Interscope Records / Aftermath

Gun violence is a crisis that you can see and hear. There’s surveillance footage of the Columbine killings, and the assailants taped home videos bragging about what they were about to do. When a Las Vegas music festival was targeted in 2017, audience video showed the moment when shots began raining down. The alleged Christchurch, New Zealand, gunman live-streamed his attack on a mosque last year, and the footage looked like a video game. Such visibility has not curbed violence, clearly. In fact, the way the internet rewards audiovisual spectacle may be an incentive to evil.

Art that portrays such killings would, then, seem to have a high bar to clear. It inevitably risks glorifying—aestheticizing, narrativizing, making catchy—that which it condemns. There’s a question of futility, too: By what logic would, say, a music video portraying mass shootings shock anyone into activism more than the actual shootings do? Last year, Madonna’s “God Control” video imagined a massacre at a disco club and ended with a call for new firearms regulations. “This is really happening,” the pop star told People. “This is what it looks like. Does it make you feel bad? Good, ’cause then maybe you will do something about it.” Emma Gonzalez, a survivor of the shooting in Parkland, Florida, replied by tweeting, “Madonna’s new video for her song #GodControl was fucked up, it was horrible.”

Eminem has followed Madonna’s example with the music video for “Darkness,” the first single off the album, Music to Be Murdered By, that he surprise-released today. It re-creates the Las Vegas slaying of 58 people, with an actor playing Stephen Paddock, the perpetrator. Eminem raps from the perspective of Paddock as he prepared and then fired from a hotel room across the street from the festival. The verses and visuals string together specific references: The shooter didn’t know his father well; he used Valium and booze; he was a licensed gun owner; he had no known motive; he wrote down targeting calculations; he began to shoot at 10:05 p.m.

The song and the video do not simply restage the massacre, though. Eminem is attempting a double entendre, in which most of the lyrics could equally refer to the rapper himself, sitting in a hotel room, nervous before a concert. He looks out on the crowd early in the night and frets that it’s too sparse: “You can’t murder a show nobody’s at.” He seems to be empathizing with a mass killer by comparing the rapper’s own sense of mental embattlement to the perpetrator’s. This exercise results in no greater understanding of why tragedies like this happen. There’s just ineffable darkness, and the availability of guns allows it to have horrific consequences.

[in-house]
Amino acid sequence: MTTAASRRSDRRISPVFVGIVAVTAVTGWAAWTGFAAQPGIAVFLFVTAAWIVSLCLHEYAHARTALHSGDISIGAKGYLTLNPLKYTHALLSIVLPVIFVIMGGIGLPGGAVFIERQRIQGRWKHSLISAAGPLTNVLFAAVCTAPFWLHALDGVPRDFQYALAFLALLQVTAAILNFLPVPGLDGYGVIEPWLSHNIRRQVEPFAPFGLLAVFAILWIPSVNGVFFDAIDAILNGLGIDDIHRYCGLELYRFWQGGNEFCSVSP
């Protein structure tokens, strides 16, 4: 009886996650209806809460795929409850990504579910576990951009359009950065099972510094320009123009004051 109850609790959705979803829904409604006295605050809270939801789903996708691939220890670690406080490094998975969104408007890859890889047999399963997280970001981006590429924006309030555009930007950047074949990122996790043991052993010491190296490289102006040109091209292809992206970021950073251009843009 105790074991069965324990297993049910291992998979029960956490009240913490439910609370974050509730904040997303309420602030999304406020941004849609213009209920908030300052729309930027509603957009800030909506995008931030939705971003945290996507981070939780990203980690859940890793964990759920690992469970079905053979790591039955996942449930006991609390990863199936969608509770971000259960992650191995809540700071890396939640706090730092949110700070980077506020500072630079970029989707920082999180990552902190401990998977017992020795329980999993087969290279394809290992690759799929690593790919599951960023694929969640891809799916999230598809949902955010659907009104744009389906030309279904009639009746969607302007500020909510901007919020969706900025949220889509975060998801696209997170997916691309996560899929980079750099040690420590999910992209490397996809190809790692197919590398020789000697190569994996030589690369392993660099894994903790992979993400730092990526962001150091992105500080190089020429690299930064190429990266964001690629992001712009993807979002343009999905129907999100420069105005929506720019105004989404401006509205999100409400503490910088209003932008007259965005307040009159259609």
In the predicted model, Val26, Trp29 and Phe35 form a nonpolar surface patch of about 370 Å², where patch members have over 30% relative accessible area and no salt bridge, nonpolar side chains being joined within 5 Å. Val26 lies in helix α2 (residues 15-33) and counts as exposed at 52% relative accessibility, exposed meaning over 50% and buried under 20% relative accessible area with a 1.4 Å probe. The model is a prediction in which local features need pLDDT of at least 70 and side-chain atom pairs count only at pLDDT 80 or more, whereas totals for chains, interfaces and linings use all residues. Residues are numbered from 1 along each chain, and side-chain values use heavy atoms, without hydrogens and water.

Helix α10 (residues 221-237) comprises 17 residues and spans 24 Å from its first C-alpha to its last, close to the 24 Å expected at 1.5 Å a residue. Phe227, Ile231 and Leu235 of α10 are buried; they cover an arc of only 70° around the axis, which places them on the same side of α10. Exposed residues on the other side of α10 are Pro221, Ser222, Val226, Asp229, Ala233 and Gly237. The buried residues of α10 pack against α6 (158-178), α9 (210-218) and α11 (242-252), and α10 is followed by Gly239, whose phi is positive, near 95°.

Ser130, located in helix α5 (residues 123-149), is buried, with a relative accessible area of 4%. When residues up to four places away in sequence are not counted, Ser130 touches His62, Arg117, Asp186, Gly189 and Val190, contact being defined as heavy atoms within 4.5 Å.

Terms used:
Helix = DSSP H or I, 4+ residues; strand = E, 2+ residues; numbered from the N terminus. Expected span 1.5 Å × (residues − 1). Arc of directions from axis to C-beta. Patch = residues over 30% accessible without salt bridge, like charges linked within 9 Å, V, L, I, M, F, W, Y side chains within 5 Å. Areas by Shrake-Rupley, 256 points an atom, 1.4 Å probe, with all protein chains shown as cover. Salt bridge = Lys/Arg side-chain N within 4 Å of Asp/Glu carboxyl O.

Perhaps the point is more that Eminem’s anxiety about performing stems from the fact that concerts have become killing grounds. Probably, though, the main idea is simply to spin a riveting narrative that focuses attention on the message delivered at the end of the video. Eminem looks upon a wall of televisions arranged in the shape of the United States; each screen shows news footage from a shooting. An onscreen message: “WHEN WILL THIS END? WHEN ENOUGH PEOPLE CARE.” Text then directs people to register to vote in order to “change gun laws in America.” Eminem’s website features links to anti-gun-violence organizations, including the Giffords Law Center to Prevent Gun Violence, the Brady Campaign to Prevent Gun Violence, and March for Our Lives.

The anti-violence message may seem rich coming from Eminem, whose lyrics over more than two decades have notoriously depicted graphic murder and mayhem. But he has a political conscience—see his anti–Donald Trump broadsides of recent years—and can reach an audience that many other outspoken performers can’t. Many mass shooters tend to be angry, and white, men—which is also how a significant segment of Eminem’s fan base can be described. His confrontational style combined with his appeal to a demographic that is not, stereotypically, super-woke does make him uniquely positioned to have an impact.

But that power cuts multiple ways. Experts on mass shootings say that in addition to enacting stronger gun laws, one of the best ways to prevent future tragedies is to deny fame to murderers. The copycat phenomenon is real, and when the media broadcasts the names and faces of criminals and obsesses over their backstories, would-be killers get the message that they could become more famous than any of the people whose life they take. If Eminem jolts his fans into taking action to support gun control, that effect will have to be weighed against this grim fact: One of today’s best-selling musicians has humanized the perpetrator of the deadliest mass shooting in modern U.S. history.

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